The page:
1973 Jefferson Nickel Error, Real? Rare?
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6 posts in this topic

Since I always check my pocket change, spotting a coin with "Something is not quite right" has become frustrating.  I understand wear and tear, I understand that most people do not respect all US Currency as being a representative of our great nation, similar to but never equal as our Flag, but still to be treated respectfully.  However, this coin... and forgive my misuse of terms and improper identification of flaws in advance.... seems to have on the "Face" side a very deep stamp and the edge is rolled over plus that line by "In God We Trust";...?  What is that?  On the "Obverse?" it is very weakly stamped with the "A" at the end of America almost running off the edge or into Monticello.

Bottom line;....Are these errors?  Rare?  Or is this just normal excessive wear and tear?

  Please give me your input, constructive criticism greatly appreciated.  I am attaching best expedited photos.719874243_IMG_20210505_014811119(2).thumb.jpg.9b8e04fe07de727344fef16d1c486789.jpg

IMG_20210505_014435741 (2).jpg

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Hello Rick, and welcome to the forum. I don’t see any particular errors on this coin. It just looks very worn and circulated. It’s always hard to determine how PMD or post mint damage occurs to coins and this one has had 48 years of opportunity. The circular line on the obverse could be from a coin rolling machine or maybe another coin was pressed against it? The reverse looks to have taken some hits and scrapes. We will really never know what damaged the coin, but the fact is that there is really nothing special about this one in my opinion. There is always the possibility that someone else may see something that I don’t. 

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Rick,

I began my novice journey in numismatica/numismatics in 2017 after stumbling on a few YouTube videos that helped recall that my Grand Dad had introduced me to coin collecting about 1973. But I never stuck with it.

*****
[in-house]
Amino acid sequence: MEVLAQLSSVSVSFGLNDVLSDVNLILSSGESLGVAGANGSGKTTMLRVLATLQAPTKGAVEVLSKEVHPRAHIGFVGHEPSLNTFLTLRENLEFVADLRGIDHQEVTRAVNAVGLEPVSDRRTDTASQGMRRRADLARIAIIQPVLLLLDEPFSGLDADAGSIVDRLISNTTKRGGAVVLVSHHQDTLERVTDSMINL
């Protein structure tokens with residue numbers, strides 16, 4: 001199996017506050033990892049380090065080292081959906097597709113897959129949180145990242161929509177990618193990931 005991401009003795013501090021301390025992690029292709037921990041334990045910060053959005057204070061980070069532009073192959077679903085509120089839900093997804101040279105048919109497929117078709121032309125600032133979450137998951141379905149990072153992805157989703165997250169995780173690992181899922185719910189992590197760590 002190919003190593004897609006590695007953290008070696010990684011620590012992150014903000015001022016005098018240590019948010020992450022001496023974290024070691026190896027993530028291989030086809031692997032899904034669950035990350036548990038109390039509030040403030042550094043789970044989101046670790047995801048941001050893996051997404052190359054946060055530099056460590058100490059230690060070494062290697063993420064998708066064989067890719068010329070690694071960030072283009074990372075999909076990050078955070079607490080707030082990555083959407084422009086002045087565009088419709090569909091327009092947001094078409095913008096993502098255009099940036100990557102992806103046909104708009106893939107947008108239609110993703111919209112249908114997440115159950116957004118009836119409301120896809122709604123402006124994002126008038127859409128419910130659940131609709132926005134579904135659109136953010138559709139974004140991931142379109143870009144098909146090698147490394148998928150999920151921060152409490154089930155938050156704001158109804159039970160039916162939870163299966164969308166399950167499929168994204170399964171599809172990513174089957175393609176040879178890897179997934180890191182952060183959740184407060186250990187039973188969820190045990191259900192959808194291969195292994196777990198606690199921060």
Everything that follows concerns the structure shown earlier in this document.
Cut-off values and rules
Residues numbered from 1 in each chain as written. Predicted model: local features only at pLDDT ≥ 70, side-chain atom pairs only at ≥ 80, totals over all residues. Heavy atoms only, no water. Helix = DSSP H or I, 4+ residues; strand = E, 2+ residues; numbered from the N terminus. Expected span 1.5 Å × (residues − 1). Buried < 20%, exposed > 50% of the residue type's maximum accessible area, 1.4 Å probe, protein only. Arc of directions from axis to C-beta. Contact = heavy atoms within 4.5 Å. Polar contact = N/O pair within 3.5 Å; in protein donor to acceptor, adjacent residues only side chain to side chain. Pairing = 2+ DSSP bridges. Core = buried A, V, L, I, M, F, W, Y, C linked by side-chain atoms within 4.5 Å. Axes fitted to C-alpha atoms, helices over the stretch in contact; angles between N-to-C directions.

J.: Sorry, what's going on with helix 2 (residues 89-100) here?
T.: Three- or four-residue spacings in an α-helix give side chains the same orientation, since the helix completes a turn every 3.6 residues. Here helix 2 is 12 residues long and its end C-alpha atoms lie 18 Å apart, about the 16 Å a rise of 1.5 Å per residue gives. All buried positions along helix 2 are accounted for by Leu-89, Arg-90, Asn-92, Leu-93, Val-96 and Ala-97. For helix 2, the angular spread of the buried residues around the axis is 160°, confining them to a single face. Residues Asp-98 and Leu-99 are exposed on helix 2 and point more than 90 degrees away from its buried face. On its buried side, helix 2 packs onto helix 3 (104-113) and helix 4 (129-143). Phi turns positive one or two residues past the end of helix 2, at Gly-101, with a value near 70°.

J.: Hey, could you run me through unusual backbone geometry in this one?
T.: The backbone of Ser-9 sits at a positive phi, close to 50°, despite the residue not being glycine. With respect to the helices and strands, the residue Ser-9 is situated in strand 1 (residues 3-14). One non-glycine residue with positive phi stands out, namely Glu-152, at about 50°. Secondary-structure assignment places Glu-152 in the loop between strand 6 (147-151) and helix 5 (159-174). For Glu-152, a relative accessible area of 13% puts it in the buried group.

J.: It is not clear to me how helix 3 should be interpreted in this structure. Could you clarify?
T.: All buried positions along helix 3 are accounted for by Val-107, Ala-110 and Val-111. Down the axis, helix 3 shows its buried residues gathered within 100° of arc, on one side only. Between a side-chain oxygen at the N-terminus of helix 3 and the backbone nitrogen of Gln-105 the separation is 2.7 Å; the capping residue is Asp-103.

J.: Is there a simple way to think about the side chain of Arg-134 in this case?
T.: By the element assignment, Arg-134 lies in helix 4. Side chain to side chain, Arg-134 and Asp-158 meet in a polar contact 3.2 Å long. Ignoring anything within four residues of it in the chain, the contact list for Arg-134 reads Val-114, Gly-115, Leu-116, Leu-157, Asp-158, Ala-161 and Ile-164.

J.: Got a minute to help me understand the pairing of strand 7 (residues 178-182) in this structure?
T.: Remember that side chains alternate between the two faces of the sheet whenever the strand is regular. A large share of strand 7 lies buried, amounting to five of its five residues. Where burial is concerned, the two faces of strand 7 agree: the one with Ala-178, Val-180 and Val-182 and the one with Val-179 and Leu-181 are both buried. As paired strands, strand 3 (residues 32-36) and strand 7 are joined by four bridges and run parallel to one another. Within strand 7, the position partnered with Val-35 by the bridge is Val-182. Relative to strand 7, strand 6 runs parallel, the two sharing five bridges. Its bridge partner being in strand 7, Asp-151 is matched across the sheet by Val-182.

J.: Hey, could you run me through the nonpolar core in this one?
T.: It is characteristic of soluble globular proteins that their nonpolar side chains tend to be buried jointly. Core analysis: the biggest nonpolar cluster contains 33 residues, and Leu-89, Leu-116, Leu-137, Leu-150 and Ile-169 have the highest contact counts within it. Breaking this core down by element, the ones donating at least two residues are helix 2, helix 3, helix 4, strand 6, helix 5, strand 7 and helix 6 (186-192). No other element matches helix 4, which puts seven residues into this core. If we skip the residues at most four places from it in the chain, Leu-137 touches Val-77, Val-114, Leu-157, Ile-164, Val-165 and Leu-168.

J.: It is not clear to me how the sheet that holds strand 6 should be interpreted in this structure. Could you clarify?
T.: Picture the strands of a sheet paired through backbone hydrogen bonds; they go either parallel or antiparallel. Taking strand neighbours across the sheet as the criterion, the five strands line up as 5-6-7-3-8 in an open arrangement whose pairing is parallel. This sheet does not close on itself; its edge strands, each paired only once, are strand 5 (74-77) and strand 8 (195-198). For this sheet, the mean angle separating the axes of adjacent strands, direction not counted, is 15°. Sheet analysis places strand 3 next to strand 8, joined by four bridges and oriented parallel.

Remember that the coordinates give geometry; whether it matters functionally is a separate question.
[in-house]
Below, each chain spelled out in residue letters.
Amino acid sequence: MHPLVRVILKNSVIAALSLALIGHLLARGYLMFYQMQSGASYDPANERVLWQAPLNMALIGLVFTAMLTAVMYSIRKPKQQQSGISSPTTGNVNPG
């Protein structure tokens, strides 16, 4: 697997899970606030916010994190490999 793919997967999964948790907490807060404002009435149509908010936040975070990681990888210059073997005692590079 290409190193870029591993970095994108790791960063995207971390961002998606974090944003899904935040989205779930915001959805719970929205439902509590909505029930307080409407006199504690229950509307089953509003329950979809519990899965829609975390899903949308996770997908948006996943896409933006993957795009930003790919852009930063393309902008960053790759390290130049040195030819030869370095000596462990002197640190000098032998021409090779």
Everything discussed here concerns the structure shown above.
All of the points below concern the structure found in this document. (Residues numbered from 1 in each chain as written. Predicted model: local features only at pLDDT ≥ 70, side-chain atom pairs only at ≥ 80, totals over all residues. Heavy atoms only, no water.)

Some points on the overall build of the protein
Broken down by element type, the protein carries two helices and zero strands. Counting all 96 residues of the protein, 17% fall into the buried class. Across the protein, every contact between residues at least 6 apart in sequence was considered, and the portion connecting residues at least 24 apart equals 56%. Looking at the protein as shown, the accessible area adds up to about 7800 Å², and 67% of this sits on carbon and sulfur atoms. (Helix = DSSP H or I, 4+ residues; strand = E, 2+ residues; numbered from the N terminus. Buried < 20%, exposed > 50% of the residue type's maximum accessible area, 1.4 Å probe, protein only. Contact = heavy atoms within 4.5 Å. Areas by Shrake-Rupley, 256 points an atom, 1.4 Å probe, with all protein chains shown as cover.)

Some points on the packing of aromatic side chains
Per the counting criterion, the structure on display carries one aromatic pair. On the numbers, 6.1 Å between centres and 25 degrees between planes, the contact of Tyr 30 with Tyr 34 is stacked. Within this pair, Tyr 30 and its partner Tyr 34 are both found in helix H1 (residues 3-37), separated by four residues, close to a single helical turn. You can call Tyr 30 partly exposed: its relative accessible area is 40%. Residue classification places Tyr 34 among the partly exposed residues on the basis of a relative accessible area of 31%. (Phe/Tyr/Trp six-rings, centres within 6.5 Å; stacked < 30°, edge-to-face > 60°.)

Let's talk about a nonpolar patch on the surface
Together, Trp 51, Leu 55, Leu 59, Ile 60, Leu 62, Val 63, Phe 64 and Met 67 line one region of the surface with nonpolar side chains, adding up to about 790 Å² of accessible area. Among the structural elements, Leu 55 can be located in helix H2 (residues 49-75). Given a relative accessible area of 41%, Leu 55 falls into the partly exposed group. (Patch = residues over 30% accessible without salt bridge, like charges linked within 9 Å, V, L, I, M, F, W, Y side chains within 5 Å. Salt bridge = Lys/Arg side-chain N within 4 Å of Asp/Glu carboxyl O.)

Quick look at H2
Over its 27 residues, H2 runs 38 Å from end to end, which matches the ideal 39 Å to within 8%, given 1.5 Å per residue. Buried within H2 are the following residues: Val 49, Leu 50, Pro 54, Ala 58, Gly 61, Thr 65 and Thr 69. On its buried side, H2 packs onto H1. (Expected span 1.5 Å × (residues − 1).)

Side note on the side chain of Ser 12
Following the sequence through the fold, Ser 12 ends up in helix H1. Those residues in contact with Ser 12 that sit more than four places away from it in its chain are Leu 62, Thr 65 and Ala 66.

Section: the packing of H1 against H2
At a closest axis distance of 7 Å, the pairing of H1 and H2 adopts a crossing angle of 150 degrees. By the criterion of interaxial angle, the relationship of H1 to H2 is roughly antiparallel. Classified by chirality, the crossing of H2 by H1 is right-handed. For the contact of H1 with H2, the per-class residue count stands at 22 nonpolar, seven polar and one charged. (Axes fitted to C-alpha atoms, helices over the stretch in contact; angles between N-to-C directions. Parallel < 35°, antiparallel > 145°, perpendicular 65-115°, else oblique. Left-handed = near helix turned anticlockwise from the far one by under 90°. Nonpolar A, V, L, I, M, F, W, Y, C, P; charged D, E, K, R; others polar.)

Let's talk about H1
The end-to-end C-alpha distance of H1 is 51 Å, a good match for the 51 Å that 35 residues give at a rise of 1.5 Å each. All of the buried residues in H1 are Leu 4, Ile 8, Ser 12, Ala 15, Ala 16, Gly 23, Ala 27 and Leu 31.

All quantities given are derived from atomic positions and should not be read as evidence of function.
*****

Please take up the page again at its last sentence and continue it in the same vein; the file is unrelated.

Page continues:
That being said, the best way to check for errors is to web search whatever coin/currency for that specific coin's "PROOF". And in this case, it is your 1973 Nickle. Best wishes.

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Thanks to all especially the tip about comparing to a proof photo.  After all, if you learn what is real, a fake or error becomes more obvious.  Makes cents (pun intended).

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Lots of scratches and dings due to circulation. The key is understanding the minting and die making process and knowing that your coin could not have left the mint looking like that.  Coins are struck with tons of force that cause the metal to flow.  This gets rid of nearly all the marks left on the planchet. Also, the marks are recessed on the coin, which means the would have to be raised if the were on the die.  That won't happen on a die.  Even if the die breaks or chips during product ion, it won't look like your coin.

Here is a video from the mint.  Learning about the minting process takes time but is well worth it if you want to identify error coins

 

 

 

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On 5/14/2021 at 6:30 AM, Oldhoopster said:

Lots of scratches and dings due to circulation. The key is understanding the minting and die making process and knowing that your coin could not have left the mint looking like that.  Coins are struck with tons of force that cause the metal to flow.  This gets rid of nearly all the marks left on the planchet. Also, the marks are recessed on the coin, which means the would have to be raised if the were on the die.  That won't happen on a die.  Even if the die breaks or chips during product ion, it won't look like your coin.

Here is a video from the mint.  Learning about the minting process takes time but is well worth it if you want to identify error coins

 

 

 

You explained this in a way anyone could understand the process. I have read and been told by several people and I know now, but this was a great explanation. Kudos! 

 

 

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